Directed by: Joss Whedon
Written by: Joss Whedon
Starring: Robert Downey Jr., Chris Evans and Scarlett Johansson
If Joss Whedon ordered his Avengers audience to kneel before him, as the supervillain Loki does to a group of innocent Germans, I would be down on the ground in a heartbeat. That’s not to say The Avengers was jaw-breakingly perfect in every green shape and form, but considering a darker Spiderman and an even darker Batman are fast approaching, Whedon has pulled off something close to heroism in giving the highly anticipated, and highly risky Avengers film a successful head start.
Six years ago “there was an idea” from Marvel Studios to assemble an all-star superhero team by joining the forces of each separate hero’s franchise into one big blockbuster mash up. With movie deals that promised actors such as Robert Downey Jr., Scarlett Johansson, Jeremy Renner and Samuel L. Jackson a role in 4 to 9 films, The Avengers has been titled one of the greatest investment gambles in movie history.
But with genre expertise tucked under his belt, Serenity attached to his name, Whedon has come to the rescue. Combining comedy with action, visual thrills with snappy dialogue, and individual superhero strengths with engaging back stories, Whedon saves The Avengers from looking like Manhattan after an alien invasion.
All the mayhem, and much of the impressive acting comes from Loki (played by Tom Hiddleston) – a banished Asgardian prince who strikes a bargain with a Sith-looking alien lord to steal a cube of pure energy, called the Tesseract, and use it to take over Earth mwhahahahaha. While it’s an old-fashioned strategy, Nick Fury (Jackson) bands together a group of superheroes with a grain of optimism that they will co-operate to save the world despite their differences and issues. What ensues is a battle of egos and personal histories, which may prove to be even more challenging than fighting off evil.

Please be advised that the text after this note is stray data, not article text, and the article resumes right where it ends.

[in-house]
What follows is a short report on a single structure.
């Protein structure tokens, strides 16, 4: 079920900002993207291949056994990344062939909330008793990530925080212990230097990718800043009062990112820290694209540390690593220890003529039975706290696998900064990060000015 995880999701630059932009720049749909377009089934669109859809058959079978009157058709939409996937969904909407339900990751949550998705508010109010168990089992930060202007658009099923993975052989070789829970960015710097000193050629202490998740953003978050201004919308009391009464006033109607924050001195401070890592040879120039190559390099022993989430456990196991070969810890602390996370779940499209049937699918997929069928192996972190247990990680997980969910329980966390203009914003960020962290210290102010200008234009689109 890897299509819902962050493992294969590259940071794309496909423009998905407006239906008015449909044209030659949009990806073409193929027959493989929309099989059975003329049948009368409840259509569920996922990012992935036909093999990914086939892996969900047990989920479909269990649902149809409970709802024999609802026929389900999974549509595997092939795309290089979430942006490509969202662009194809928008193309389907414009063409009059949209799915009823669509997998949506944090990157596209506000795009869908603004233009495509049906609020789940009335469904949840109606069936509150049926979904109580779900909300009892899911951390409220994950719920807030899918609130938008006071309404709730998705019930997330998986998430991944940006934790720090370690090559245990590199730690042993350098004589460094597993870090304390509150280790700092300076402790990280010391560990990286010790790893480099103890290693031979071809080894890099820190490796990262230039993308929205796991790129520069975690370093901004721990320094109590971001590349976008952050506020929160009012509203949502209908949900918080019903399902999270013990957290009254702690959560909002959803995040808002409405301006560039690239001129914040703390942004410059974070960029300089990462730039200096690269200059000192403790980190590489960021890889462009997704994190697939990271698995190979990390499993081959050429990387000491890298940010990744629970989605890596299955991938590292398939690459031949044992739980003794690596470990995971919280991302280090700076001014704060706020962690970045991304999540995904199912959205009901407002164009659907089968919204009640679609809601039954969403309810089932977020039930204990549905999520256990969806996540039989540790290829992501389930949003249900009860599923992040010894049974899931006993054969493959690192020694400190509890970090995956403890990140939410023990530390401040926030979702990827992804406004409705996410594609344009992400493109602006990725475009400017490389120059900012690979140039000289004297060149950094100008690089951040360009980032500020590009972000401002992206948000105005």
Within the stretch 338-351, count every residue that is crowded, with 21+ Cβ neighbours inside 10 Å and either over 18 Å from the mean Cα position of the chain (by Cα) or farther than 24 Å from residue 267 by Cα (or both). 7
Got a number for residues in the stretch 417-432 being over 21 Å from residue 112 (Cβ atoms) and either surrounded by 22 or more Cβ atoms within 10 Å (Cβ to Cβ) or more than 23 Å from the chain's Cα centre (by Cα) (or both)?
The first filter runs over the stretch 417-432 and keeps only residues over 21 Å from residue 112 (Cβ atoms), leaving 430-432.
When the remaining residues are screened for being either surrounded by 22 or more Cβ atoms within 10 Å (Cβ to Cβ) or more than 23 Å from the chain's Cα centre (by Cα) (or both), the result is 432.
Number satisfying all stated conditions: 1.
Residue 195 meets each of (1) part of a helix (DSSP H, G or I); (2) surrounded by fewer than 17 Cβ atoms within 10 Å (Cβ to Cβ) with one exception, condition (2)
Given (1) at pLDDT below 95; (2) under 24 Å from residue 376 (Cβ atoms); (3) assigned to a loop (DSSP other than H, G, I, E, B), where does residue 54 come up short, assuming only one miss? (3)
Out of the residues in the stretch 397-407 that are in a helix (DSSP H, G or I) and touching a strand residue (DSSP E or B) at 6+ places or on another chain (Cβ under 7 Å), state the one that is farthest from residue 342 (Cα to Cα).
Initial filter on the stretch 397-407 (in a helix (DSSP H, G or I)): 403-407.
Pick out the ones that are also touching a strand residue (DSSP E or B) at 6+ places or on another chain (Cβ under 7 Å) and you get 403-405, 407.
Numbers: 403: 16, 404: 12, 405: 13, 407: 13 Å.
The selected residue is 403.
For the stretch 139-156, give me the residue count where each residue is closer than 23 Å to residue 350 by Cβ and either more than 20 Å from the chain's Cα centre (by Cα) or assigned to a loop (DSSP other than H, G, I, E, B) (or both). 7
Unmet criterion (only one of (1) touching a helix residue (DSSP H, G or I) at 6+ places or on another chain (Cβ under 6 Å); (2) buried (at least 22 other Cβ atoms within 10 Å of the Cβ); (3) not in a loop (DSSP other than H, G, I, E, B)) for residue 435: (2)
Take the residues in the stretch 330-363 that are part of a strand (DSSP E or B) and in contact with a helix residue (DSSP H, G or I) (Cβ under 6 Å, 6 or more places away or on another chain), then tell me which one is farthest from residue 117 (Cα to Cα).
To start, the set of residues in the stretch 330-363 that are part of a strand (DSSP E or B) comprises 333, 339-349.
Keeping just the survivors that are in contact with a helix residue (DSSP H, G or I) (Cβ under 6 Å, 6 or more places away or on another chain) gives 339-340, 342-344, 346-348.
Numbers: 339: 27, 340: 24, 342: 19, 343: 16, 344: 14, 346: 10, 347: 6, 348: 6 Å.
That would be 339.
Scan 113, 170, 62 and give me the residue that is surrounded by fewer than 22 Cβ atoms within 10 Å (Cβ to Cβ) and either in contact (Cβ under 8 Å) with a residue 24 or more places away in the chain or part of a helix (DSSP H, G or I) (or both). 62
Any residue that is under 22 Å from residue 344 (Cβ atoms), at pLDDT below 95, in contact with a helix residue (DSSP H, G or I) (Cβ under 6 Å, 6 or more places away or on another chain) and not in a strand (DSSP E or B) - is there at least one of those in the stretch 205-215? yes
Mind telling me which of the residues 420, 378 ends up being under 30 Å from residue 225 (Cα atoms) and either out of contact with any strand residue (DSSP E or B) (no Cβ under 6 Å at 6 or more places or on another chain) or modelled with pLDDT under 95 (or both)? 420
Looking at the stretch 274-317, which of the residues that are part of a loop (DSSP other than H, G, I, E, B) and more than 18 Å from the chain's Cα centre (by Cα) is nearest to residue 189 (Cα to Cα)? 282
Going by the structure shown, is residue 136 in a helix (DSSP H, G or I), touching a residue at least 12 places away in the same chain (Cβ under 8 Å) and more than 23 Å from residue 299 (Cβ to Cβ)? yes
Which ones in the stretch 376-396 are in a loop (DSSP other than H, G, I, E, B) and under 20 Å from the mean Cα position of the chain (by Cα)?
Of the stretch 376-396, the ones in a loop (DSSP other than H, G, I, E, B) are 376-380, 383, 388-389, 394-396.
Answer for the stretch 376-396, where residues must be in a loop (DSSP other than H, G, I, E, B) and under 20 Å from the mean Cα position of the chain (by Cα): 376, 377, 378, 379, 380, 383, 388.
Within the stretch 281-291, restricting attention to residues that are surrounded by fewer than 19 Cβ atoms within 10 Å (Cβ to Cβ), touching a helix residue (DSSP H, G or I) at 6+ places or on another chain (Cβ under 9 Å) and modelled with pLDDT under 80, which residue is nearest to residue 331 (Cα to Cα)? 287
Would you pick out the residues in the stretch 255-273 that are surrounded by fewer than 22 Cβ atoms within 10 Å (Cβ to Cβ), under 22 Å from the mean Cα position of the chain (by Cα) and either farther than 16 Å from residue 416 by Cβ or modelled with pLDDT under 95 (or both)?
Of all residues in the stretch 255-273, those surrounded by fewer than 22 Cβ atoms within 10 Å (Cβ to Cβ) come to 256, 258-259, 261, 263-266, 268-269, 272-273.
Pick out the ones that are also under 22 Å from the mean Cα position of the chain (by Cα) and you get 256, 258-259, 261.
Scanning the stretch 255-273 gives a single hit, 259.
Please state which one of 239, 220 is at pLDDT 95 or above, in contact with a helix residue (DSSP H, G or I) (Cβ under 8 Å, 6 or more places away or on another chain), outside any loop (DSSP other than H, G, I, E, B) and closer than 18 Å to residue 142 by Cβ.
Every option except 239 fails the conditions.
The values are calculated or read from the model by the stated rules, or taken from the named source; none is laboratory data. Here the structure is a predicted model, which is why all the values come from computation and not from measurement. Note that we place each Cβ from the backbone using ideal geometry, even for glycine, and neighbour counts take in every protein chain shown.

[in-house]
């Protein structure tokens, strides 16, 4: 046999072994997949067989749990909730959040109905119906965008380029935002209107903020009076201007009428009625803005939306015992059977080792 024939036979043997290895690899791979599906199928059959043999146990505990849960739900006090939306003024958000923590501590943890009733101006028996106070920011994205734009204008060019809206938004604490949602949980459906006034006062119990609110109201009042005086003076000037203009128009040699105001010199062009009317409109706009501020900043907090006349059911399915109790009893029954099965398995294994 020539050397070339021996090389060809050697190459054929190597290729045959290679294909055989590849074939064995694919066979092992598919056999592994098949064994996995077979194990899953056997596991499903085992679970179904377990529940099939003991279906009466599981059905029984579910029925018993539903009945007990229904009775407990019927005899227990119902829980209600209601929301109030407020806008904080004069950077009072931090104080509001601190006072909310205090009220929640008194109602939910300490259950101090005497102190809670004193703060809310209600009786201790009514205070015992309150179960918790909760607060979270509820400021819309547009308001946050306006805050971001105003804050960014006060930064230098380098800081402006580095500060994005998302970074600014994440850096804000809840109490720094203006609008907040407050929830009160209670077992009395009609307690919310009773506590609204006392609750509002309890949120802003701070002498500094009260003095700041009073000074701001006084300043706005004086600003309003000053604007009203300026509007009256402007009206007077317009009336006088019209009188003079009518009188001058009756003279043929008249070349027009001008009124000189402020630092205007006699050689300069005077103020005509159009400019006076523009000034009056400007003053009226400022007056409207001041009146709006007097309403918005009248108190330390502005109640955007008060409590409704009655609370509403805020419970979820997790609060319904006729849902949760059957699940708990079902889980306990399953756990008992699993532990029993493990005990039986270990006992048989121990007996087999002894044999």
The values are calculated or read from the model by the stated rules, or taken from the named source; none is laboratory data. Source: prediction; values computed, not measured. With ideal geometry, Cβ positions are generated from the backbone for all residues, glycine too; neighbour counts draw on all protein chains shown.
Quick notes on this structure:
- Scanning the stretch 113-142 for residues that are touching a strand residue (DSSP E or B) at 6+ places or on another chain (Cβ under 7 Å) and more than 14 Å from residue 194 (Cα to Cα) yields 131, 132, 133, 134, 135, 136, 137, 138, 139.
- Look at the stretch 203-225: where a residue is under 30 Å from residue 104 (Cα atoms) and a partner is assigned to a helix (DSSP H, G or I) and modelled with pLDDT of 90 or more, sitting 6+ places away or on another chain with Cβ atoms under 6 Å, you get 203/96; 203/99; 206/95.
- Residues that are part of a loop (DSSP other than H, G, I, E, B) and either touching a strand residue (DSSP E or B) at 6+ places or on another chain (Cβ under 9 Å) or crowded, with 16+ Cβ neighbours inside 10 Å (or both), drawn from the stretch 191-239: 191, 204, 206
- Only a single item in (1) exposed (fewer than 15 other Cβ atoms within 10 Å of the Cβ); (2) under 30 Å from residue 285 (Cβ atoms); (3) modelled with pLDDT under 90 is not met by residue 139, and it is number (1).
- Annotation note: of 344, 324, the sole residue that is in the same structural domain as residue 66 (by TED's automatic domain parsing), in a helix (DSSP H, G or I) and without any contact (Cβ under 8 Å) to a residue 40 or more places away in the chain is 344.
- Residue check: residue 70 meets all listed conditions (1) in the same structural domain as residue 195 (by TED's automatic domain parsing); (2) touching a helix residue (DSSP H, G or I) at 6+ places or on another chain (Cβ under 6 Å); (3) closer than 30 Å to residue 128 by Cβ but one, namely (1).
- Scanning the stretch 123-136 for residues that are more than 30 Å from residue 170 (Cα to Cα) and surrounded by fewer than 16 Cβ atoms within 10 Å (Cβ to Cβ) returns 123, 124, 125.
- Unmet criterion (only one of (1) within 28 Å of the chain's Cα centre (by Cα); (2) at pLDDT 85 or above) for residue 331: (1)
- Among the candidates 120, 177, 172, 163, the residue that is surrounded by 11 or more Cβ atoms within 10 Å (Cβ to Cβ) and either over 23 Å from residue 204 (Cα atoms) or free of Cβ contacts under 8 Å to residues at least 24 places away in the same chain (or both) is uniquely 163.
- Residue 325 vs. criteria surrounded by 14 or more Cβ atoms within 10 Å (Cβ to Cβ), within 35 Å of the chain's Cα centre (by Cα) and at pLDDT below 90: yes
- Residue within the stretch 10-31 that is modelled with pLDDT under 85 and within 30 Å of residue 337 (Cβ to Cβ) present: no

Just as the heroes have more pressing issues within their group, rather than the looming invasion on the horizon, the script and the execution of The Avengers shows its strengths in the dialogue and the comic moments that punctuate the more serious and rather over-exaggerated external conflicts. While these strengths definitely make up for scenes that lag a bit in pace, and come dangerously close to mismanaging the weight given to different ideas and themes scattered throughout the film, they don’t seem to make up for the fact that the final climax of the film is actually quite flat. With one or two scenes that look like a cut and paste job in the post production process, The Avengers seemed too preoccupied in dealing with character arcs than considering something a little more exciting than aliens whizzing through New York and getting blown up or smacked down every now and then.
Nevertheless, there is always something to be gained and lost when trying to please everybody – Comic Con fans and newbies alike. And with the expectations flying high, and competition coming from all sides, Whedon’s job on The Avengers is definitely something to bow down to.